I received this question from Irini Mitropoulou of To Vima, a Greek broadsheet:
"Do you think that he will stay on for a second term? Who would want him to stay, and who wouldn't? Is there any reliable political alternative? And what is the prevalent mood in the italian society? Are the italian people willing to make more sacrifices,«for the good of the country»?"
This was my answer:
Monti's strength is as a leader who is not directly linked with any political party or leader. He is manifestly a Catholic, a limited free-market liberal centrist but if he puts his name to any of the parties which match that definition, he loses his independence and that strength. Italians are fed up with politicians, not necessarily with policies. They are largely accepting Monti's painful medicine precisely because it is not coming from the traditional parties.
But Casini (UDC) and Fini (FLI) and Montezemolo (Italia futura) would like to have his name and prestige and are trying to bring him on board - hence the manoeuvres of the last few days. Berlusconi and Alfano would like to have him as an ally so as not to lose by too much but Monti has played hard to get with them and the others.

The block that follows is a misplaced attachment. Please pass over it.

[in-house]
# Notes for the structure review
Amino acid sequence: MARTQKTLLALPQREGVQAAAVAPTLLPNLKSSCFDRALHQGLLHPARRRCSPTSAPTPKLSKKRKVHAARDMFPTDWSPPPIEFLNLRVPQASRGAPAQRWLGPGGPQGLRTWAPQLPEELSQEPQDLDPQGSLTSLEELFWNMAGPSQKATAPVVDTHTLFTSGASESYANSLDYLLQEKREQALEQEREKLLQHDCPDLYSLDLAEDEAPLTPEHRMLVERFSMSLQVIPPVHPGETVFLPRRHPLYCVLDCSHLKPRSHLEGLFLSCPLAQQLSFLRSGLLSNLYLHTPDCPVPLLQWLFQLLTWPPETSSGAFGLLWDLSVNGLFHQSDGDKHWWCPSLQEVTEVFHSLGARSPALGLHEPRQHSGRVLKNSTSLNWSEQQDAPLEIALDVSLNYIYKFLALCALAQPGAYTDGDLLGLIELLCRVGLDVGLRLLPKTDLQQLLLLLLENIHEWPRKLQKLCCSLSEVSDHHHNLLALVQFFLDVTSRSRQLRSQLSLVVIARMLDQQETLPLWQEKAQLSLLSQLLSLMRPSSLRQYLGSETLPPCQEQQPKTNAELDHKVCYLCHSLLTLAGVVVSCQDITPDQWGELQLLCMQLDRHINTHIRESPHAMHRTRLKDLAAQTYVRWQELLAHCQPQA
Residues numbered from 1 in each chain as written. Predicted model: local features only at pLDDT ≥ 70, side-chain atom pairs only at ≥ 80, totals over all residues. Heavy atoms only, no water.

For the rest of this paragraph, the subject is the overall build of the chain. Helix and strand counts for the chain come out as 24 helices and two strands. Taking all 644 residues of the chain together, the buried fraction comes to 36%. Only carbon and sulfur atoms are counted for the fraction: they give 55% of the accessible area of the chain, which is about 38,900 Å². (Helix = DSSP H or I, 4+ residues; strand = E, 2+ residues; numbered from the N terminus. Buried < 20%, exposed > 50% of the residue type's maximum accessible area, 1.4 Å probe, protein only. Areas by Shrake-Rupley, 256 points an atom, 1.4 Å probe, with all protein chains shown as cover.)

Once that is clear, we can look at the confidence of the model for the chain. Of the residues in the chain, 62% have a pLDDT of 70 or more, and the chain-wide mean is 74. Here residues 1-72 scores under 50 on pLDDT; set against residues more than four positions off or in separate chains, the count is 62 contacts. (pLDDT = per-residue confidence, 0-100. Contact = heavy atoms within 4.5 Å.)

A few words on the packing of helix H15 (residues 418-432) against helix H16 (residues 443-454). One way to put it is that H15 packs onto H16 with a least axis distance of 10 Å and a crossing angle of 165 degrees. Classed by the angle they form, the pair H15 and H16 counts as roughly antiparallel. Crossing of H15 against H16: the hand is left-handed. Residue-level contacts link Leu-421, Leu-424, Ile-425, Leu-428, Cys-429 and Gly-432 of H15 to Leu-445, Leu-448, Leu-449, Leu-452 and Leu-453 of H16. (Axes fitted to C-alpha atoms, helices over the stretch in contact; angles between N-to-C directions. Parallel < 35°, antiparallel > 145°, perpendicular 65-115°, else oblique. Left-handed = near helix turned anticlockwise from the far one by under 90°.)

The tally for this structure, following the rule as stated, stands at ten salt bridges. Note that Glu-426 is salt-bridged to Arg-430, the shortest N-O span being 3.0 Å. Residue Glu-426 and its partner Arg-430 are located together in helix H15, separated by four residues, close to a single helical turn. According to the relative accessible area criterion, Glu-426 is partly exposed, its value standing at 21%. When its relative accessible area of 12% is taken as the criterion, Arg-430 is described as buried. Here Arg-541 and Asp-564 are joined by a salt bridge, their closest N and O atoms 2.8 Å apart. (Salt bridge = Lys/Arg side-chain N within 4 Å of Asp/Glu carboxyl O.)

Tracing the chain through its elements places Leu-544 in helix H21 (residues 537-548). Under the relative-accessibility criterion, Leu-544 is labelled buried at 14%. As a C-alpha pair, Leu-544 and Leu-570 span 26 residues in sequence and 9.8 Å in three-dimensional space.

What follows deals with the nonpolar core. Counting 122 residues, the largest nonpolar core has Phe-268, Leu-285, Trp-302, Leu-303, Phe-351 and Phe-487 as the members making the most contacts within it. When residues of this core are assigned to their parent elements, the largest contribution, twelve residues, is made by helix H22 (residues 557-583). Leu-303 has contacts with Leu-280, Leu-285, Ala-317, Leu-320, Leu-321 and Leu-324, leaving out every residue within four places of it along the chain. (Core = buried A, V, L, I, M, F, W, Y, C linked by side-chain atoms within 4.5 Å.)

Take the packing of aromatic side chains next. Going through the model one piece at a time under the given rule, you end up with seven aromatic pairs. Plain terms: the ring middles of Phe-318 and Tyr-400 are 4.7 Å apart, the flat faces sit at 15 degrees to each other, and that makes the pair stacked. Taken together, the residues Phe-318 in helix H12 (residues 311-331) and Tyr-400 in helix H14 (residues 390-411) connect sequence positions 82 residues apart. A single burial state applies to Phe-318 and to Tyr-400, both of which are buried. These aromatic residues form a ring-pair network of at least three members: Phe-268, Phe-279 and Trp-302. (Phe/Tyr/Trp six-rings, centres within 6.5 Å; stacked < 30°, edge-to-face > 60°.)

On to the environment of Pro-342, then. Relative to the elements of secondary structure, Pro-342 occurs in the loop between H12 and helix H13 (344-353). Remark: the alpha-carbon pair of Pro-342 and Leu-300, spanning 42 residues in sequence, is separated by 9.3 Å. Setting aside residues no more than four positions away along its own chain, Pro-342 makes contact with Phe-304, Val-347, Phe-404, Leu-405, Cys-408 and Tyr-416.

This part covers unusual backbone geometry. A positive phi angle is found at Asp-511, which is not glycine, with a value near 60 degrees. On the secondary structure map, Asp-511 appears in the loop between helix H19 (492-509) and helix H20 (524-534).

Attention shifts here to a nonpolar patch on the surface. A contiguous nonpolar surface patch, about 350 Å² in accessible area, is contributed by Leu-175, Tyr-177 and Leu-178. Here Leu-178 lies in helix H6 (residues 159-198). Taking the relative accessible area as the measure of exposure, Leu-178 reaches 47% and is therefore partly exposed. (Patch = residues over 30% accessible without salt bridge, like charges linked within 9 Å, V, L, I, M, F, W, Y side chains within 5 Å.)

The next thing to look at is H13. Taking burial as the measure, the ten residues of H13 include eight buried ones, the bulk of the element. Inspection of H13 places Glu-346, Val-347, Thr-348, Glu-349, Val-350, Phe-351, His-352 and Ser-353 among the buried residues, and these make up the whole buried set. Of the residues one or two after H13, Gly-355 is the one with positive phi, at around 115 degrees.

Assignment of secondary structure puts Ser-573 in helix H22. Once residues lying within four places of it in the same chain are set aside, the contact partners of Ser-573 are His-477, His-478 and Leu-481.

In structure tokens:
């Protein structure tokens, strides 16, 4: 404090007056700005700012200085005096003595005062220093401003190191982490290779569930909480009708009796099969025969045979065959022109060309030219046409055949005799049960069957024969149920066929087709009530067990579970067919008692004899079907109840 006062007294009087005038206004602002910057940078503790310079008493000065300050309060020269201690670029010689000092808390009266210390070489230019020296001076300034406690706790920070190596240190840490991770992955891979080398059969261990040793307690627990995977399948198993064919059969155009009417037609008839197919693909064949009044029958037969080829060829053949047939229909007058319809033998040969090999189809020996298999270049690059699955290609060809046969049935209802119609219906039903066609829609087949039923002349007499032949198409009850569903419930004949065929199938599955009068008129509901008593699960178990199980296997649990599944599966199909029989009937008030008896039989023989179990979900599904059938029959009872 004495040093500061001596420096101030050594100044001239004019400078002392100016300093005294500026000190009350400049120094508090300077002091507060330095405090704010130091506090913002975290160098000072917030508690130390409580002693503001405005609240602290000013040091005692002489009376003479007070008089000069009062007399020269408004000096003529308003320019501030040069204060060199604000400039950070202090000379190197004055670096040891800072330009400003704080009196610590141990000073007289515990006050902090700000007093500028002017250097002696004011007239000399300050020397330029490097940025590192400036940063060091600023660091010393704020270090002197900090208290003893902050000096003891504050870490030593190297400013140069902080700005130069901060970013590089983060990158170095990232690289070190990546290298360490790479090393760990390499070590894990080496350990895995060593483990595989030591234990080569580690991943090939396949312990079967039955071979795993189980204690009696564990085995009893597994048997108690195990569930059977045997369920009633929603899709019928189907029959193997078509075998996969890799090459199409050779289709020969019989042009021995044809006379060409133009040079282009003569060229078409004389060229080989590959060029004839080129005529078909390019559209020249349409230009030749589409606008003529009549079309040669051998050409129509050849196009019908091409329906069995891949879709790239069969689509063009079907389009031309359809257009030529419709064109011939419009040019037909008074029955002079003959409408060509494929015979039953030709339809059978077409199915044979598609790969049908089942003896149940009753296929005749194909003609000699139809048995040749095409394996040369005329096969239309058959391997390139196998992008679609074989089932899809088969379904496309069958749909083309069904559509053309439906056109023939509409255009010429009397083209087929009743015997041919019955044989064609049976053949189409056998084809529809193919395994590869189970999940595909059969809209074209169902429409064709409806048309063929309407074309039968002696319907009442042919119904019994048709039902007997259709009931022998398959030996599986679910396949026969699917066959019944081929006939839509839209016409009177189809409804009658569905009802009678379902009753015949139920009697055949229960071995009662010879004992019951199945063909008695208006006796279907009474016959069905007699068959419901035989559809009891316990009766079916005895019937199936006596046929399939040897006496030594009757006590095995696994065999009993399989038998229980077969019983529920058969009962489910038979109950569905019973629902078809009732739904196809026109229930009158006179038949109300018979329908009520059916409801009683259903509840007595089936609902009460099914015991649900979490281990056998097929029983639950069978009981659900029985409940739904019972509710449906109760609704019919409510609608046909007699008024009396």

The only alternative, at the moment with the present polls is a a centre-left government led by Bersani and the PD (or whoever wins the PD primaries) with perhaps Monti as Economics minister after the elections.
But all predictions are conditioned by the lack of electoral law. The teams are lining up for the match but they don't know if they going to play football or rugby or basketball.
The anti-Monti elements are clear and declared: the present opposition, left (IdV and SEL) and right (Lega Nord) have said that don't like him or his policies. The PD and the PdL are much more equivocal - they want some of his policies and they still need him as a shield to do the dirty (and unpopular) work for them.
For their part, the Italian people are punch-drunk. They are not yet angry enough like a good proportion of the Greeks, to go out an protest but they don't have a plausible alternative. If there was a serious proposal, they probably would accept further sacrifices but no one has managed to convince them - and every scandal makes it less likely that they might be convinced. They know they don't like "politicians" and half of them say they will not vote.
Greece is already in the trough - Italy is still on the brink.
Published 7 October 2012 Μόντι: Βολικός αλλά ανήσυχος